“All coffee taste the same, roast doesn’t matter, all beans are the same”
“I bet you couldn’t tell the difference between that artisan roasted stuff and the regular or even fresh and old coffee”
“You’re just a snob for perpetuating a difference.”
I get pretty incensed when people tell me things like this, and I hear it often enough. I think most baristas face this dilemma every day on the job. Fortunately, I only have to deal with this when people ask about my hobbies or around the holidays when I see family. The rationale is relatively consistent; my opinion is not objective since taste is all subjective, thus my subjective classification of “good coffee” is biased. I have seen other taste-tests try to look at flavor preferences empirically that do a pretty decent job. So, in the holiday spirit, and since everyone in my family is a positivist engineer positivist, I concocted a little evaluation of my own.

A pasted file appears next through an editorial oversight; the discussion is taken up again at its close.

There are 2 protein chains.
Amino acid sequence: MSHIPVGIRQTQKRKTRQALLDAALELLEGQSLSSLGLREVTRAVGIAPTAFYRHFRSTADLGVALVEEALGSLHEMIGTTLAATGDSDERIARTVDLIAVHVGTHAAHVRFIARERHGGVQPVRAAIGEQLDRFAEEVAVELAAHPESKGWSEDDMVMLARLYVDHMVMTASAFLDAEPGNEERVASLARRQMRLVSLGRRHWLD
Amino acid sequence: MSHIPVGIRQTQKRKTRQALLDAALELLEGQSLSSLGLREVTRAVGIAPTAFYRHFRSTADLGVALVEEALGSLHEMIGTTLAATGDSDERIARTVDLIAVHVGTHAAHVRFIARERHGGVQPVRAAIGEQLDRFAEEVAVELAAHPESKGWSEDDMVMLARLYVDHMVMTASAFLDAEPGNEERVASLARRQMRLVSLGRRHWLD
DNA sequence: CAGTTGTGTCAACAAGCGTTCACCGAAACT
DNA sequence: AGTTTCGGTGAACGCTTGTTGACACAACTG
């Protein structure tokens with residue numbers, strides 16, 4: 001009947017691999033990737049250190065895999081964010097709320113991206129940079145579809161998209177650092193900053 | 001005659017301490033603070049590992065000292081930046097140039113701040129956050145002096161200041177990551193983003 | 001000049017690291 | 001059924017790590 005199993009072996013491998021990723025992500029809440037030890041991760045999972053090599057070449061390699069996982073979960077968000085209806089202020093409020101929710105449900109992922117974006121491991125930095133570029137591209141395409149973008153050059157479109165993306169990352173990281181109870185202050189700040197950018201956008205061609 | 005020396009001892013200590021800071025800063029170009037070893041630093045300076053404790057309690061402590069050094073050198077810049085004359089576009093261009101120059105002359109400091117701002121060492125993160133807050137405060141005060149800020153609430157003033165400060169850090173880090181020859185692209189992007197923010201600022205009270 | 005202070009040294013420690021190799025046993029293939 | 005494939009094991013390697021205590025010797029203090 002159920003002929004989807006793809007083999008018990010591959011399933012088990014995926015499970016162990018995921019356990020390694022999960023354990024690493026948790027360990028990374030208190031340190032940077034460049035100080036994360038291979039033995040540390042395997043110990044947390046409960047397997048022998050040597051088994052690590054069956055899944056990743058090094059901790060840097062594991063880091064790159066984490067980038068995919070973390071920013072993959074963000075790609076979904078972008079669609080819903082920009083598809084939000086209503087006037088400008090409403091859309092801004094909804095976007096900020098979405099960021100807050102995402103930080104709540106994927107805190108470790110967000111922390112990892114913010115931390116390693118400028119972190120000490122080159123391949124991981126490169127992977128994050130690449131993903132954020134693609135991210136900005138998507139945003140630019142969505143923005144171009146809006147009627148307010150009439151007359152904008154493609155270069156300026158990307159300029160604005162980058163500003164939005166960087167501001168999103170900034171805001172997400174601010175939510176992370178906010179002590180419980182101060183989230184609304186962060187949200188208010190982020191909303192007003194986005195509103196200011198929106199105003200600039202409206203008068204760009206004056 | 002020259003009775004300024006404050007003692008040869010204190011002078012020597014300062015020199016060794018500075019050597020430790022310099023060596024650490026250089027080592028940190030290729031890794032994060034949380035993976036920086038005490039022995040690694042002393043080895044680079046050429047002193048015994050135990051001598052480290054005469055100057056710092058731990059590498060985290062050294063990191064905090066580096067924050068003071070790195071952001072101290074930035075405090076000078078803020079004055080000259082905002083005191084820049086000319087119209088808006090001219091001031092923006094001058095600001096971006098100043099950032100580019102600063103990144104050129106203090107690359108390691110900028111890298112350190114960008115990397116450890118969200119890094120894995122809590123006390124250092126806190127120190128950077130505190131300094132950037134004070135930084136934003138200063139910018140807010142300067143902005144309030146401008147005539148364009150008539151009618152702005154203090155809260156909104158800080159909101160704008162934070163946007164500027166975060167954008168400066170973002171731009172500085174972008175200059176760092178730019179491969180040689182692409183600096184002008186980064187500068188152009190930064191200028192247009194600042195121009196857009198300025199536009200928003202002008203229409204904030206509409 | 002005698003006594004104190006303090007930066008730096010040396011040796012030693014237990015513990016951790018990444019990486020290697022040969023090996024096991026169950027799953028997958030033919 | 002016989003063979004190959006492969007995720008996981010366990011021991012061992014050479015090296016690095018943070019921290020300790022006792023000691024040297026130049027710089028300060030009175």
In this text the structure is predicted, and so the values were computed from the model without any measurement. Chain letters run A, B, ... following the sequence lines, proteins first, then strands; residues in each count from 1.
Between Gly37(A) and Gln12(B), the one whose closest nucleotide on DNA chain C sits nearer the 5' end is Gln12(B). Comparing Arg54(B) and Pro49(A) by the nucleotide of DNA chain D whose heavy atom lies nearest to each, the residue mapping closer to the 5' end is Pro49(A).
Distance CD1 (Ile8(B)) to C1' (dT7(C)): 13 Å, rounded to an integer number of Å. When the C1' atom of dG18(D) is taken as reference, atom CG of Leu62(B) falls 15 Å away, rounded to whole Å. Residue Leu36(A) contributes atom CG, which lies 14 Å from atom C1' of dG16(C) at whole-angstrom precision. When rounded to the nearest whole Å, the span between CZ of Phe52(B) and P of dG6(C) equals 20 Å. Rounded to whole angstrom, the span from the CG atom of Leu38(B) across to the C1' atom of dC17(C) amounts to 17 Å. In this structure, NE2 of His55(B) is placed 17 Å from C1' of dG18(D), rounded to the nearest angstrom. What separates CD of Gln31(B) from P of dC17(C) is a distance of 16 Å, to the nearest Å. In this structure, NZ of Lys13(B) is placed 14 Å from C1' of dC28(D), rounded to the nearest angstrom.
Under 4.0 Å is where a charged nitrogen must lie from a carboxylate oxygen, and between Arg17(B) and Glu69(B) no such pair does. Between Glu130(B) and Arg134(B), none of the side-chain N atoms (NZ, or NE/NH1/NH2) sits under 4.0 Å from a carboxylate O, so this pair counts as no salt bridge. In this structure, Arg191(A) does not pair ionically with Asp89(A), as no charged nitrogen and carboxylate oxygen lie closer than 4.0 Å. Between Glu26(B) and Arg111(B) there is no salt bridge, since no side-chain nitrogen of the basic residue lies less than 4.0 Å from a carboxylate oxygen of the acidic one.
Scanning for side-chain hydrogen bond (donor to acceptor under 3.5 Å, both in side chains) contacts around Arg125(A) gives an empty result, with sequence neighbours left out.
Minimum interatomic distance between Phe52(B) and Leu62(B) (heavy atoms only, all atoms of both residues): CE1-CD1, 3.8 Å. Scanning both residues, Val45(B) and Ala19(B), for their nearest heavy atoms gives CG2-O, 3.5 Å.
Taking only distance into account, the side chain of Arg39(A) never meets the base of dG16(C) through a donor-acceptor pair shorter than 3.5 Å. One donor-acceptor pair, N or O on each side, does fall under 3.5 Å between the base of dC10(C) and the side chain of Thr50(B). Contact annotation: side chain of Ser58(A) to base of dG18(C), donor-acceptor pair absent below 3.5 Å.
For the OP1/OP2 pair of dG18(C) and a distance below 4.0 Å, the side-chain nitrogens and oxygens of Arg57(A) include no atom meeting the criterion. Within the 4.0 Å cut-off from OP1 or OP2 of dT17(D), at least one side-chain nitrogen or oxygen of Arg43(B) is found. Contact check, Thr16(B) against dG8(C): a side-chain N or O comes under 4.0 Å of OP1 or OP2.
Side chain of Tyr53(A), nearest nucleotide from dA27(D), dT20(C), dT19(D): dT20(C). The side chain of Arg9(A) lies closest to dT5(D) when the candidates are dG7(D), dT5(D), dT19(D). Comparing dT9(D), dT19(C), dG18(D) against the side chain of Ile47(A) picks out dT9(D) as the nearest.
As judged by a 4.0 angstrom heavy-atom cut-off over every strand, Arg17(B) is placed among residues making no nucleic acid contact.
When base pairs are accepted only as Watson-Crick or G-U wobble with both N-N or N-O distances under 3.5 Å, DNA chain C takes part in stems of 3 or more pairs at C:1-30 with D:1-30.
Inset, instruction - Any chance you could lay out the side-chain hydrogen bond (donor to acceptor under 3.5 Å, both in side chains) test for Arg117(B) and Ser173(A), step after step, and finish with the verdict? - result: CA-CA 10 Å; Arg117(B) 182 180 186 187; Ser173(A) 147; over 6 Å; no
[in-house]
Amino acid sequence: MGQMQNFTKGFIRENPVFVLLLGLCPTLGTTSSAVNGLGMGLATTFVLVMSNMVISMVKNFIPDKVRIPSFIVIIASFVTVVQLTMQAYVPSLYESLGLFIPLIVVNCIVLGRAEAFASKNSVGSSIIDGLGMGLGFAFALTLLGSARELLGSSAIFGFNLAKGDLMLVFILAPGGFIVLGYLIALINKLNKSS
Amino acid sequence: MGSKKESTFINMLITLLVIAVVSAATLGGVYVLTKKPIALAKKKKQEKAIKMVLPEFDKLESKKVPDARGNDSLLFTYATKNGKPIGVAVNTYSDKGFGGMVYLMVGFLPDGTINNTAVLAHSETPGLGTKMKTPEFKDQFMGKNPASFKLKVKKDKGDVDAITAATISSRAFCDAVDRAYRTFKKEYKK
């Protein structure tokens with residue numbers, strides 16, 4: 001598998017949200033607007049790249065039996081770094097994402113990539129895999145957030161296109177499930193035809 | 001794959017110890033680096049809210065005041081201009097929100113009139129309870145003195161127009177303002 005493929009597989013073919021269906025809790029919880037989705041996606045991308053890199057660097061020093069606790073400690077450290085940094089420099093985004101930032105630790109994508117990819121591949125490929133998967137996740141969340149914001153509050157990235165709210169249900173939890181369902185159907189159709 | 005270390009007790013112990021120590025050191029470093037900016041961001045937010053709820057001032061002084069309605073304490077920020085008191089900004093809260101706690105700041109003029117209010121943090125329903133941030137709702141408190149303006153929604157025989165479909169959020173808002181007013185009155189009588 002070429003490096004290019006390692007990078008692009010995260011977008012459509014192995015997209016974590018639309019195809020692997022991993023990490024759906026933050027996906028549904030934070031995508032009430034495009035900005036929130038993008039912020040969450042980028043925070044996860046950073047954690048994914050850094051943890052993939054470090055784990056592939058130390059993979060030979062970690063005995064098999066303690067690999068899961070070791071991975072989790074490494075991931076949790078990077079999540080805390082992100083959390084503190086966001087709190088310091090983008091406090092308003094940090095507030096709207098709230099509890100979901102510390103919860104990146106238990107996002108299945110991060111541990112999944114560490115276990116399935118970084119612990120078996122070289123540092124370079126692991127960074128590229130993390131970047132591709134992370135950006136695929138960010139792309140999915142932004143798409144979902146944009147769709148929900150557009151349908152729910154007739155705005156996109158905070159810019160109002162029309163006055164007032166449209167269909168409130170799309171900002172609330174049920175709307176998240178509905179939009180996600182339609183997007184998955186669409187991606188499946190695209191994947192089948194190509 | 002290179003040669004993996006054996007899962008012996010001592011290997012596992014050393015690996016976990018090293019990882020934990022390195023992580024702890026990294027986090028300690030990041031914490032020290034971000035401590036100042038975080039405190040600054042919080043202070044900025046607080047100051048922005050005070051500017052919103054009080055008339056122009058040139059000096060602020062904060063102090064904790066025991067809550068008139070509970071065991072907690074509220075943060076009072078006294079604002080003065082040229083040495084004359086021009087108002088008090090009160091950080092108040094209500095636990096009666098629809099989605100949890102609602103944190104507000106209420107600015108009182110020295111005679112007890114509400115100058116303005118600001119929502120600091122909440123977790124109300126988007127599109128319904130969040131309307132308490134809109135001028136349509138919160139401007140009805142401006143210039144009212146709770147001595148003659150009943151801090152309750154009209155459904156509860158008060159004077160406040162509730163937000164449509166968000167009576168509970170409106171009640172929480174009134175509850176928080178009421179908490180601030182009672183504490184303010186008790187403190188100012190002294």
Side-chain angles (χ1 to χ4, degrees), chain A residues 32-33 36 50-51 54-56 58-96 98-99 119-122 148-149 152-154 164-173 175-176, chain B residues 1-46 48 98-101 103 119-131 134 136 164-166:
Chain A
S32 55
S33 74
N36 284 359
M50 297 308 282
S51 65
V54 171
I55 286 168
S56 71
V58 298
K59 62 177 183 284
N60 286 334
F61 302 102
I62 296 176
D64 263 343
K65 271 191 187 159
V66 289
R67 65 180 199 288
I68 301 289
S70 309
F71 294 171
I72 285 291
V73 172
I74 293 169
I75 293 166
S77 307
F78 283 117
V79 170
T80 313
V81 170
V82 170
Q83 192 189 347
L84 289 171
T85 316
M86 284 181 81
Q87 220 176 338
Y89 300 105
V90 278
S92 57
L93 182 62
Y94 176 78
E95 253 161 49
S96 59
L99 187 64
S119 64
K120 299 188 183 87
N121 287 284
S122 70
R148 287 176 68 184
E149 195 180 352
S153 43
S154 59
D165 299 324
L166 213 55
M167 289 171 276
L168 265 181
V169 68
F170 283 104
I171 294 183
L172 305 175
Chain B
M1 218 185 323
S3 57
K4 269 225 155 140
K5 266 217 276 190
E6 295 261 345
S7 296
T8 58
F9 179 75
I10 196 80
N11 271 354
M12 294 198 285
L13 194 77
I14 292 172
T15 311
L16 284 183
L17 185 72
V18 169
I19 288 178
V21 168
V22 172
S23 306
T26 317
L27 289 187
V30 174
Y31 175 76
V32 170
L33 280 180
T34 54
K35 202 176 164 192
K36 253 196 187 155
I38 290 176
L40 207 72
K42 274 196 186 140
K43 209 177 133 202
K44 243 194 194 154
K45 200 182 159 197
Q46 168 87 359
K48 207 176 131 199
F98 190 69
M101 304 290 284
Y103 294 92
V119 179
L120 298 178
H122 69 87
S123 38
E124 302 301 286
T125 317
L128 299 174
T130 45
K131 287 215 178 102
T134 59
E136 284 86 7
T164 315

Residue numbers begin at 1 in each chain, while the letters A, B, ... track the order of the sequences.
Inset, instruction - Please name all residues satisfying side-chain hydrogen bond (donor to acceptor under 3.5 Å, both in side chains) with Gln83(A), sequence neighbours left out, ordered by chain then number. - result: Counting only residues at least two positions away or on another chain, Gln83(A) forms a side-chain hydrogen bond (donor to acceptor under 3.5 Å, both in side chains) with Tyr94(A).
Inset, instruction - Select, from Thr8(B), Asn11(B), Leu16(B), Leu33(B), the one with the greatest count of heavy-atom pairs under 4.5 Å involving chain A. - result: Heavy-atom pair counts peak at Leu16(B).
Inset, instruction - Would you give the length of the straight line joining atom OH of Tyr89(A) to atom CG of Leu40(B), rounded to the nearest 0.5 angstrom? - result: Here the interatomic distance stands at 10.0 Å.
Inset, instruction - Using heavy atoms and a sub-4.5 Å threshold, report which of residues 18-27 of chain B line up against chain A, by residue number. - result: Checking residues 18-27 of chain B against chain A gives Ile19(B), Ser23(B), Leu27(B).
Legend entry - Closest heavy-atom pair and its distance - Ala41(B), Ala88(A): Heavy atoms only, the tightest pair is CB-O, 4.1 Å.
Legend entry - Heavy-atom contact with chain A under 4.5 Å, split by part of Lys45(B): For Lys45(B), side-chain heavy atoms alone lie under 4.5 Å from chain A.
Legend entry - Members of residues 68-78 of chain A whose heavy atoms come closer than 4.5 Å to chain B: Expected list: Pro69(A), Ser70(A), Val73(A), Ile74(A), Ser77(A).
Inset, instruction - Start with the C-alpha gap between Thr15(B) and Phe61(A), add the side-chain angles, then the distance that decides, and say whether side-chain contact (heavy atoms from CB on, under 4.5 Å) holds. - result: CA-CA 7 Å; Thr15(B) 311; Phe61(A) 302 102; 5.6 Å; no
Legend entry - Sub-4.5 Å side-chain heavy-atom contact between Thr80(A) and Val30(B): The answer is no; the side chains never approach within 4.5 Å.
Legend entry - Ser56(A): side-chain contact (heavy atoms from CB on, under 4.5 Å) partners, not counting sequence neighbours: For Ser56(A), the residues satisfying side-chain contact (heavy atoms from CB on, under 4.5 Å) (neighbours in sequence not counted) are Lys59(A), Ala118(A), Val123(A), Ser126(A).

Thus, I proposed to my dad that we blind taste test different coffees to settle once and for all whether or not the average person or the connoisseur can tell the differences and taste the subtleties between good and bad coffee (generally speaking). I think if most people simply sit down and take the time to think try out a range of coffees, it’s relatively straightforward. So, my brother and I devised a simple, objective-as-possible study to compare the palates of (1) an average coffee drinker who claims to “know coffee” and (2) someone with a little more in-depth knowledge to appease those dubious of well-roasted coffee.
We used two beans for the taste test. The first was a dark, over-roasted Columbia Supremo from Costco, the bulk “$10-for-a-crap-load-of-coffee” stuff that gets a fancy label. Worst of all, it was pre-ground. The second was a single-origin Guatemalan from Tony’s Roasters, given to me by my good friends at Panama Red Coffee. Definitely whole bean, but not roasted as recently as I would have liked.